Learn more about using WordPress with this run down of common WordPress terms and their practical definitions. Bookmark this list, pin it, or even print it out, to have for easy reference as you’re learning WordPress!
This blog post was originally published on A Joyfully Mad Kitchen, my food blog. This blog post contains affiliate links, which I receive a commission from if you make a purchase from those links, at no additional cost to you.
This is essentially the home base of your blog. It’s where you can find anything you need to access within your blog.
Genesis is a common phrase you’ll hear revolving around WordPress. Genesis is a WordPress framework that provides the shape and bones of a WordPress design.
It has lots of things built in like SEO, incredible tech support, automatic updates (without messing up your current customizations), endless possibilities and dedicated plugins.
Genesis works with a child theme (see below) which basically allows you to change the look of your blog without affecting the “skeleton” of your blog.
A child theme is a sub theme that inherits the functionality, styles and features of its parent theme (most often, Genesis). The benefit to a child theme is you are able to update the parent theme without disturbing customizations made on a child theme.
One of the biggest benefits to WordPress is the use of plugins. Plugins are small files that are added to your site to improve functionality.
Out of the box, WordPress does a lot of things, but to make things even simpler, plugins allow you to do things like
- add an image slider
- add your Instagram feed
- sell products in a storefront
- add a custom back to top button
- about a million other things!
Remember when apps first came out and everyone said “there’s an app for that?”, well trust me, there’s definitely a plugin for just about everything!
A big difference between WordPress and Blogger is the ability to add multiple users to one blog. This is great for websites with contributing writers or even for bloggers who use a virtual assistant.
Users can be set up from your dashboard and can range in access from being a guest, to an author, to an editor, or full admin.
Security Tip: When you’re granting someone access to your site via a user account, think through what they need to access. There are different levels of roles for a reason. Don’t grant someone admin access by default unless they need it!
An admin is someone who has 100% access to your WordPress dashboard. They have access to things like your themes, posts, pages, settings, etc.
This is necessary when you are working with a web designer or might have a virtual assistant who needs to be able to access everything for you.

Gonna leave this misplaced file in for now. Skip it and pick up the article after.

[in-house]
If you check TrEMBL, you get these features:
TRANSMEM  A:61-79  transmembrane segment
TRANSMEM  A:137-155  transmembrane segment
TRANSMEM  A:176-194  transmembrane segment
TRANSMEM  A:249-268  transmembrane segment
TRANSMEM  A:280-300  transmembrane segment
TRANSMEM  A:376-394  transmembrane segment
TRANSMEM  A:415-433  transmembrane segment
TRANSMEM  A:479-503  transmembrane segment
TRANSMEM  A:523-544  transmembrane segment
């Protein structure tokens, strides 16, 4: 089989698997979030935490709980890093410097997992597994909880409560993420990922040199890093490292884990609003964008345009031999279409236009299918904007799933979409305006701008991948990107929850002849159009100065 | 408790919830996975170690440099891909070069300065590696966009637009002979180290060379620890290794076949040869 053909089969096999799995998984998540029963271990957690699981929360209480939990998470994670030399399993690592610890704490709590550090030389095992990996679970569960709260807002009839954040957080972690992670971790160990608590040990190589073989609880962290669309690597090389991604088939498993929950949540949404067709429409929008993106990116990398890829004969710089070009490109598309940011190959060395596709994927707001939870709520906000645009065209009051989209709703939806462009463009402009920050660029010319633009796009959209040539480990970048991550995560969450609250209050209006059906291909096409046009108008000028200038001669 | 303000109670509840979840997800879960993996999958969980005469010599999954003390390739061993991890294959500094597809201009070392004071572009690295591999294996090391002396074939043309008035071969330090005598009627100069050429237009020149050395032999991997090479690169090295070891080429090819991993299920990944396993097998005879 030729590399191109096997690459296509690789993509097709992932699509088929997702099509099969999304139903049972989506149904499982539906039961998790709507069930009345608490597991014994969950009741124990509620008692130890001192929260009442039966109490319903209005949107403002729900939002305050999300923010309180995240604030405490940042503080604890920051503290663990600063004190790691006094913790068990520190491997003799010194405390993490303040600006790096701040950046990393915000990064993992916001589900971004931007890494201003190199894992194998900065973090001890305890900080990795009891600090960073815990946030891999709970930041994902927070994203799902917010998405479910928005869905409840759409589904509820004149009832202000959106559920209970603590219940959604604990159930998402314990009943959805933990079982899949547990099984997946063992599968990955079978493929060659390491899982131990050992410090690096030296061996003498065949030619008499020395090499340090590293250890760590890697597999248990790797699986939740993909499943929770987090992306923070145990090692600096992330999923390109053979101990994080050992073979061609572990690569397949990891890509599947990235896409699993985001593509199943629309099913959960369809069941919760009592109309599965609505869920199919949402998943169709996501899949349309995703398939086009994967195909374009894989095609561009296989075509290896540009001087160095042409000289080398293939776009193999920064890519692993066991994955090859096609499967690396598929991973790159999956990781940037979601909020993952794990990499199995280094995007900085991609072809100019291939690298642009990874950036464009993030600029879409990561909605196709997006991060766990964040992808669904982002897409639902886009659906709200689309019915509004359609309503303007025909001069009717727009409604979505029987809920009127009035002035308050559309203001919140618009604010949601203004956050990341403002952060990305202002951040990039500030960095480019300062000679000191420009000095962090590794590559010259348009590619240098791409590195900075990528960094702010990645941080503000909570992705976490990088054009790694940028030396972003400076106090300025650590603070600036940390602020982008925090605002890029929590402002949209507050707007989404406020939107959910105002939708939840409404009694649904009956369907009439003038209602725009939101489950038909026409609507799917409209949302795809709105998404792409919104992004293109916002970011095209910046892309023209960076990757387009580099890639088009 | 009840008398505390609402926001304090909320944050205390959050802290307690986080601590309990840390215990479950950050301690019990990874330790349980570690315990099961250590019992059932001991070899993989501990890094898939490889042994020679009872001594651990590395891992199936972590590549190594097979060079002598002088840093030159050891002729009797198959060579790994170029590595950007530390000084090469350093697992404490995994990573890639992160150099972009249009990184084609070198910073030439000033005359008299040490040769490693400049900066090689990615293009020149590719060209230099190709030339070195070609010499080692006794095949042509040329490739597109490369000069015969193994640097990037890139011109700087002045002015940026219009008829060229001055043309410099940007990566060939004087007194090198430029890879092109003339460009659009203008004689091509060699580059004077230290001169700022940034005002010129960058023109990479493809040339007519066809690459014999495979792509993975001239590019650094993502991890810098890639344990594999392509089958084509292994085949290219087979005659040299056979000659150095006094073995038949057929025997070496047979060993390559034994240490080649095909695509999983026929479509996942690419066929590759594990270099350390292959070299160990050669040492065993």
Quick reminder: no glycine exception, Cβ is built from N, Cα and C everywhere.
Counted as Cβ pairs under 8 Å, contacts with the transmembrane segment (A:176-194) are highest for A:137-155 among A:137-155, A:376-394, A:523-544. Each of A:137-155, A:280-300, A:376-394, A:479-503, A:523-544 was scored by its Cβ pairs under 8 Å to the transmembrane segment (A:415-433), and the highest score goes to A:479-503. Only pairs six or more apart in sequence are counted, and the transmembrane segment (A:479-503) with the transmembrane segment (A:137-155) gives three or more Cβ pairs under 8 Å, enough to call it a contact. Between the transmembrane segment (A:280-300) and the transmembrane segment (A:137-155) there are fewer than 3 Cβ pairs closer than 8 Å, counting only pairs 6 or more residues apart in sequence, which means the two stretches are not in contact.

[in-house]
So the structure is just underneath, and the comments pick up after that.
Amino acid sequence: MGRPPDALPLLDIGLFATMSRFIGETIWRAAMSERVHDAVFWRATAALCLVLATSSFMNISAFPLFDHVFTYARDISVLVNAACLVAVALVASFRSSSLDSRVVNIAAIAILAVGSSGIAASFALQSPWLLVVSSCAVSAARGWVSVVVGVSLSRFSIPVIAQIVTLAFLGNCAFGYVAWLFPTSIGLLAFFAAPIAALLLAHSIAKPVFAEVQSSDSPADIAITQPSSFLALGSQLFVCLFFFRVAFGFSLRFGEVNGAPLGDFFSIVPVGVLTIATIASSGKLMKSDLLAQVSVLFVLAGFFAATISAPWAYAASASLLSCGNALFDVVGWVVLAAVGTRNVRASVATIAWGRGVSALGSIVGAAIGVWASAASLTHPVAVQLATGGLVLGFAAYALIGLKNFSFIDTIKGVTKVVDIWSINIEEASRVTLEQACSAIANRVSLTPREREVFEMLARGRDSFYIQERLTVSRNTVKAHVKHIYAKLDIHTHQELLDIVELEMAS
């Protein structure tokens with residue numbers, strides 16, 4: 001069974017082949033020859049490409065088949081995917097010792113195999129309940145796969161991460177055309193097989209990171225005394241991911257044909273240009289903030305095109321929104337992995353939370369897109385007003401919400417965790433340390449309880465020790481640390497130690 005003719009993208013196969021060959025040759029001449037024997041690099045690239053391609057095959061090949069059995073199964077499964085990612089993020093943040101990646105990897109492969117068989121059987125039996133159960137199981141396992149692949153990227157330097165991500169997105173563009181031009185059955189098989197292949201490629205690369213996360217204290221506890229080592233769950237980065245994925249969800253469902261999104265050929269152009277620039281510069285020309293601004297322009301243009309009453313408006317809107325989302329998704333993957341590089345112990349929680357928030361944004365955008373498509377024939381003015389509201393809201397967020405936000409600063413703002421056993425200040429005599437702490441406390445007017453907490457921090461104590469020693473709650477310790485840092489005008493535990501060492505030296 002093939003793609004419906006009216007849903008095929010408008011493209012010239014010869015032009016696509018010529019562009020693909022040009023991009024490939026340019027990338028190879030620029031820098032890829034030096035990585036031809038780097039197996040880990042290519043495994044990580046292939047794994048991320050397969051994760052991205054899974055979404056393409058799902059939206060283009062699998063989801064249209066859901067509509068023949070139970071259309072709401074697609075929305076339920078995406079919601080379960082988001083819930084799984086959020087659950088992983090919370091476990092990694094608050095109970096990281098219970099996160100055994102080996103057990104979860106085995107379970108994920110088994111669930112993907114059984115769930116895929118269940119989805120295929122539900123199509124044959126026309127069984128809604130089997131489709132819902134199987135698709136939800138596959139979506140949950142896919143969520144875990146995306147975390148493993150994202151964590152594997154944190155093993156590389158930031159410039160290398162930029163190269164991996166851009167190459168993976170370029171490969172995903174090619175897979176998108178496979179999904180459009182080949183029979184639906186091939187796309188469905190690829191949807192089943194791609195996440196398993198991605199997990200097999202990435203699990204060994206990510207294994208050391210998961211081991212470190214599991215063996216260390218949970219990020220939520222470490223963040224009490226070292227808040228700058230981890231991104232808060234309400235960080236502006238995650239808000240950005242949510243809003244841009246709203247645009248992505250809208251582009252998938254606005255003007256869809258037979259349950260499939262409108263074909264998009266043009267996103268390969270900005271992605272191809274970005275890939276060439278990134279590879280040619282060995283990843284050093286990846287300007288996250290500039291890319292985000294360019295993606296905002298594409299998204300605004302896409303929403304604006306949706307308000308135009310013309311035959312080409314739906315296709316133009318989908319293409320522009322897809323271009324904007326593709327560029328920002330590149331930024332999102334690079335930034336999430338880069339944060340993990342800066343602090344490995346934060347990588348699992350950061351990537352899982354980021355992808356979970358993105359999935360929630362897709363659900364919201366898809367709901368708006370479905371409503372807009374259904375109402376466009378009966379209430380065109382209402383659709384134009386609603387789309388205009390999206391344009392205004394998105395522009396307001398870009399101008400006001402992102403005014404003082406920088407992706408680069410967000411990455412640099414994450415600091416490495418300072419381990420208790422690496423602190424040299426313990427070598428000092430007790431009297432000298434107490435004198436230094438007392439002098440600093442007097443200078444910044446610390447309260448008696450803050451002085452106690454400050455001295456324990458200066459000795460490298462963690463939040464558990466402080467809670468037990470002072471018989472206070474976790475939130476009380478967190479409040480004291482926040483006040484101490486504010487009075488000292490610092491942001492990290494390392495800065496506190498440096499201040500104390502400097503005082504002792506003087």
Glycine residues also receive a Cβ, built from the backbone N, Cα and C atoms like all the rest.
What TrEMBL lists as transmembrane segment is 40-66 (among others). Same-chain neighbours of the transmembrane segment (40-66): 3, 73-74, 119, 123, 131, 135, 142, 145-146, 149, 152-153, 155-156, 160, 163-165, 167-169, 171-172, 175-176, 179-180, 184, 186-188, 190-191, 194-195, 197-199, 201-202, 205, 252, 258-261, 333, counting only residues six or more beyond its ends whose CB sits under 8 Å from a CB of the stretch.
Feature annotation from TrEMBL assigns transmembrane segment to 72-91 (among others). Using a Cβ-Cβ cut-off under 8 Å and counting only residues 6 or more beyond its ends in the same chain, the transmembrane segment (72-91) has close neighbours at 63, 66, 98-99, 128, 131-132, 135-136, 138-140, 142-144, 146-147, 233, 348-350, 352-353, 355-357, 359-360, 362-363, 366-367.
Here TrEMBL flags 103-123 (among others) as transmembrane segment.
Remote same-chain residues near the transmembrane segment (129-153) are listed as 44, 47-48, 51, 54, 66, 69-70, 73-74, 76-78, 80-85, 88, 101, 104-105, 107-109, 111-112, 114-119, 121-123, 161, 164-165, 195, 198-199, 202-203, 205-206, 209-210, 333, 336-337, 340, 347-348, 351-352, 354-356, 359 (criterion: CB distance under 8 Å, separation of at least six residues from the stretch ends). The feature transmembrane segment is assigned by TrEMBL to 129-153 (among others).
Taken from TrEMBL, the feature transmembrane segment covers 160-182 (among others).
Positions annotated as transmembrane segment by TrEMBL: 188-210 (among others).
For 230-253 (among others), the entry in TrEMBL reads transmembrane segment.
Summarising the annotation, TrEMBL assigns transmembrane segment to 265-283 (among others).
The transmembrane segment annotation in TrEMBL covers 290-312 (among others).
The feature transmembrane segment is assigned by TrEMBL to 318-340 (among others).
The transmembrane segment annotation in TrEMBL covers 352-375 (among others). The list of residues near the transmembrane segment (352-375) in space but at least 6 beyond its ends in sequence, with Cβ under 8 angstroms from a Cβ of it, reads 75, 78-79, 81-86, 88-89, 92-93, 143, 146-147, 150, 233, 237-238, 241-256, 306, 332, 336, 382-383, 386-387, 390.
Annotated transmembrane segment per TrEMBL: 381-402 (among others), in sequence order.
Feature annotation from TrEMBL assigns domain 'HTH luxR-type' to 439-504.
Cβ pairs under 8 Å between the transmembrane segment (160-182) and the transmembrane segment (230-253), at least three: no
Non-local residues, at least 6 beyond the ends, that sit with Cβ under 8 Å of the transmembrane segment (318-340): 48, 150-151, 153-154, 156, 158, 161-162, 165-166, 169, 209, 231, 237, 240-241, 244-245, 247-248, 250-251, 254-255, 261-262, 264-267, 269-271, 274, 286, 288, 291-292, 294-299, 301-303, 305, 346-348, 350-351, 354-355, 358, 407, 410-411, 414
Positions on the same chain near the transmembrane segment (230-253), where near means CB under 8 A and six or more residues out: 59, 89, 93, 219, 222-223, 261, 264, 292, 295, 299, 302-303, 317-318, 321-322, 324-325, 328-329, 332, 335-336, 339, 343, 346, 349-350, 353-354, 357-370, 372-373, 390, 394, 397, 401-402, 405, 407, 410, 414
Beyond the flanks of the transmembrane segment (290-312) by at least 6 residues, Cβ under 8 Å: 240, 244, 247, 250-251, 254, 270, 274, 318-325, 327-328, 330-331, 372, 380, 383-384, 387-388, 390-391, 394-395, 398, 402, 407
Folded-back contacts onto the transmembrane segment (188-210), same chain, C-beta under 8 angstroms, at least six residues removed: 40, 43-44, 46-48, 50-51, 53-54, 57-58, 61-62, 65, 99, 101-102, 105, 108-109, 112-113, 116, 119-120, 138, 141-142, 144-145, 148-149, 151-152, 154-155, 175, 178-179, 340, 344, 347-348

But it should not be the default for anyone who needs access to your site.
Short for permanent link. This is also known as the specific URL for a post or page. See this note from my post on Blogger versus WordPress differences:
If you have a Blogger blog, look at one of your recent posts. Here’s what you’ll see: yourdomain.com/2015/08/your-post-title.html. This is the default permalink structure for Blogger and as far as I know, it can’t be adjusted. However, with WordPress (self-hosted or regular) you are able to choose between a few different options.
Widgets are utilized on both Blogger and WordPress, but function a little differently. Essentially in both cases though, it’s a way to add in an element on your blog.
Many times plugins are added to your site through widgets. This is also how you would add something like a profile picture at the top of your sidebar or social media icons. Often HTML is utilized if you aren’t using a plugin based widget.
Overall themes to blog posts (most blogs should have 5-7 maximum).
Specified topics within a blog post and category. Example: Category- Blogging, Tags- wordpress tips, how to start a blog, blogging tips
Stands for Search Engine Optimization. These are methods of optimizing your blog to appear higher on search engine ranks.
Helpful tip: Use the Yoast SEO plugin
Every post and page has the option to set a featured image within WordPress. This is the image that will automatically pull up on your RSS feed (like Bloglovin or your newsletter) and often times on social media as well. Many WordPress themes are set up to use the featured image in a lot of different places on your blog, so it’s a good practice to start adding them in from the beginning. You may also want to add in featured images for popular posts.
Helpful tip: Find your most popular posts using Google Analytics
WordPress blogs commonly truncate or shorten their posts to show only a preview of the post on the homepage. This is called an excerpt. This can also be done on Blogger but it’s less common.
Helpful tip: Learn to truncate your blog posts & why you should
The space on your blog where you have links listed to easily access popular pages (for example: contact, about, popular posts, etc.)
A host is the server or location of where your files for your blog are stored. For Blogger, WordPress.com, and Squarespace users, you’re using hosts owned by those companies. For self-hosted WordPress, you’re purchasing space from another company, to use as a locker of sorts for your files and content. This is the #1 difference between using WordPress.org and other platforms.
What other WordPress terms are mysterious to you? Drop a comment, I’d love to help!